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Smart-City Solutions to Age-old Problems


This week, our founder and CEO Nick Austin shares his vision for smarter cities in Australia.

There’s a lot of talk in the business world about “Smart Cities”, but what does this really mean for the ordinary person?

Well, in a nutshell, a smart city is one that uses technology to improve its overall functionality, efficiency and performance. By using and analysing data in ways that we’ve never been able to before, people, businesses and governments can make better decisions around resourcing, that make living in cities more enjoyable, and also future-proofed.

A practical example of this is using traffic data collected on sensors to make better decisions about where to build new roads, but it also applies to other areas such as water, energy, waste and healthcare. I started Divvy when I developed a deep interest in the idea of smart cities. I always thought parking was such a pain, and thought there had to be a better way for us all to work together to solve that issue, by using technology.

So why does building “smart cities” matter in Australia? Aren’t we the “lucky country?”

Well, actually, you might be surprised to hear we’re well behind the rest of the world in our quest to make our cities better prepared for the future!

NSW is expanding at a super fast rate, with The Australian Bureau of Statistics predicting Sydney’s population to nearly double in size by 2050. We’re looking at a growth of around one million per decade. That’s 7.2 million people. Wider NSW will grow beyond 11 million.

We’re already seeing the impact today — a new airport proposed, the metropolitan boundaries of Sydney are spreading and the market for new homes hasn’t been this high in ten years. It’s becoming more important than ever for the state government to develop infrastructure in line with this population growth, but so far the signs aren’t great.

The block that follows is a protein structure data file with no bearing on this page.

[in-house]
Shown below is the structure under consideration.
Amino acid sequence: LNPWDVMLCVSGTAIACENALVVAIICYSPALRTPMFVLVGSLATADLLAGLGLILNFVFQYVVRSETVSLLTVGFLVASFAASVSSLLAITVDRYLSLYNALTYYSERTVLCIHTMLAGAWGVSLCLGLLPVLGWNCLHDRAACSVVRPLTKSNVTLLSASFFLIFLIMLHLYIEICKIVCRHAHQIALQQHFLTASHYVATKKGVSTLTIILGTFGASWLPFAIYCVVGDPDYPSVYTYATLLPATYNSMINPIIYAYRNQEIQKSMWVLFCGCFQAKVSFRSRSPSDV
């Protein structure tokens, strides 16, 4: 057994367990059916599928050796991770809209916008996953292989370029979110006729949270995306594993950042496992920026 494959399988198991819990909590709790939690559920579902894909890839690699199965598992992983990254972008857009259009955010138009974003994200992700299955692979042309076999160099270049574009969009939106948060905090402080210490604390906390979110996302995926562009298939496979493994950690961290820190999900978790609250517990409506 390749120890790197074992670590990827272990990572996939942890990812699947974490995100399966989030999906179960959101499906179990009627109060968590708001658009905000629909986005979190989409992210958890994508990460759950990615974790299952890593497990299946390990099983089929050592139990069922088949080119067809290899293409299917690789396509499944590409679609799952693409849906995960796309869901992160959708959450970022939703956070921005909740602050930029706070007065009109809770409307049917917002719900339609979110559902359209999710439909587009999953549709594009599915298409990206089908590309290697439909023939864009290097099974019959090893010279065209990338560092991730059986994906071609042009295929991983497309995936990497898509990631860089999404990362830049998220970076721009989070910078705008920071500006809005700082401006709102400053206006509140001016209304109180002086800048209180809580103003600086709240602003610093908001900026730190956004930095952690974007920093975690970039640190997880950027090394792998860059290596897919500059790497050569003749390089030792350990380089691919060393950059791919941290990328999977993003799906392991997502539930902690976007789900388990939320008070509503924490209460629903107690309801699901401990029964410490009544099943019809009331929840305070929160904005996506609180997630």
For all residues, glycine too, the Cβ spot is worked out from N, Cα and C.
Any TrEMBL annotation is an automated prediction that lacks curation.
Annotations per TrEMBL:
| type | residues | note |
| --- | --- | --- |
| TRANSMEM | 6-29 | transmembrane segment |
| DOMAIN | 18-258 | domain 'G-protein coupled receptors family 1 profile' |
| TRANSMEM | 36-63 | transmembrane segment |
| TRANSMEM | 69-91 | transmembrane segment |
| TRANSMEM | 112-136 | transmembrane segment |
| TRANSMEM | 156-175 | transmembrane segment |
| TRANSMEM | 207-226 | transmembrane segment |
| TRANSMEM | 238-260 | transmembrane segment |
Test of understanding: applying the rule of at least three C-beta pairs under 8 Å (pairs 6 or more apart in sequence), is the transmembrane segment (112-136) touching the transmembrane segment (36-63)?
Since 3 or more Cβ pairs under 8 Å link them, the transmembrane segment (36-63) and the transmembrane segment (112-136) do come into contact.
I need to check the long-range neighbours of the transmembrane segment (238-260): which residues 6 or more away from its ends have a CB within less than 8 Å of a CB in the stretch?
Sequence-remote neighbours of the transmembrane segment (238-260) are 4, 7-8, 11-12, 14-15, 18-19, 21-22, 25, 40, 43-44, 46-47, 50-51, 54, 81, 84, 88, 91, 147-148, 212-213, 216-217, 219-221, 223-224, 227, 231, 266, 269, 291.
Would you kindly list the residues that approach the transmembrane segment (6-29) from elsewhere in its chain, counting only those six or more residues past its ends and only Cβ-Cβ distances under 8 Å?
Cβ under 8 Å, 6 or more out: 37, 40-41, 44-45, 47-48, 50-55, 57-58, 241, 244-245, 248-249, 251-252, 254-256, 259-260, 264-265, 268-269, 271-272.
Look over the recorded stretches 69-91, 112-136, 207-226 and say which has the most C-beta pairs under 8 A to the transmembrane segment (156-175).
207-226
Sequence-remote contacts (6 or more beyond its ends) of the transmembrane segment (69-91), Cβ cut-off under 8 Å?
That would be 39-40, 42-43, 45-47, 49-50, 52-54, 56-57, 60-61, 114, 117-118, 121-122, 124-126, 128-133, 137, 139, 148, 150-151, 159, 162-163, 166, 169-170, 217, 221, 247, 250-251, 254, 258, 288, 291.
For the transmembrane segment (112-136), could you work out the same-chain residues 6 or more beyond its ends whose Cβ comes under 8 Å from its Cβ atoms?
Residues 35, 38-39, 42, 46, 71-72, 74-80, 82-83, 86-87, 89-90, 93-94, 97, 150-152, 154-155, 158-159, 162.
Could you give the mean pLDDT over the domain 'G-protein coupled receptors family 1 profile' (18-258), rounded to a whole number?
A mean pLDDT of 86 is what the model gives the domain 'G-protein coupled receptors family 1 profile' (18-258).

The NSW government recently announced it was keen to throw its hat into the ring to win contracts relating to the development of “smart cities” being planned in India. It would be great to see the same kind of enthusiasm for planning for an 11 million-strong NSW.

Population growth isn’t something that can be stopped, nor should it be, but both the community and the government need to start thinking about how to use our space and infrastructure in a way that is more efficient and cost-effective.

Some smart, private companies out there have recognised the need for this and are stepping in with innovative technology that lessens the burden on our city infrastructure. It’s a hugely positive sign that startups and the private sector are finding opportunities to contribute to what was traditionally a government responsibility.

On the same token, it’s heartwarming to witness the boom of the so-called “share economy”, or as some call it, “collaborative consumption”, where individuals are working together to better use the resources we already have — from tools, to cars, taxis, labour and parking. As a Divvy user, you’re one of those people.

Smart cities isn’t just about data, nor is it just something to be left to governments and big corporations. I strongly believe we all need to work together to find smart solutions if we’re going to meet the demands of a growing population and even faster growing infrastructure challenges.

What do you think about the idea of smart cities? How do you personally contribute to the movement?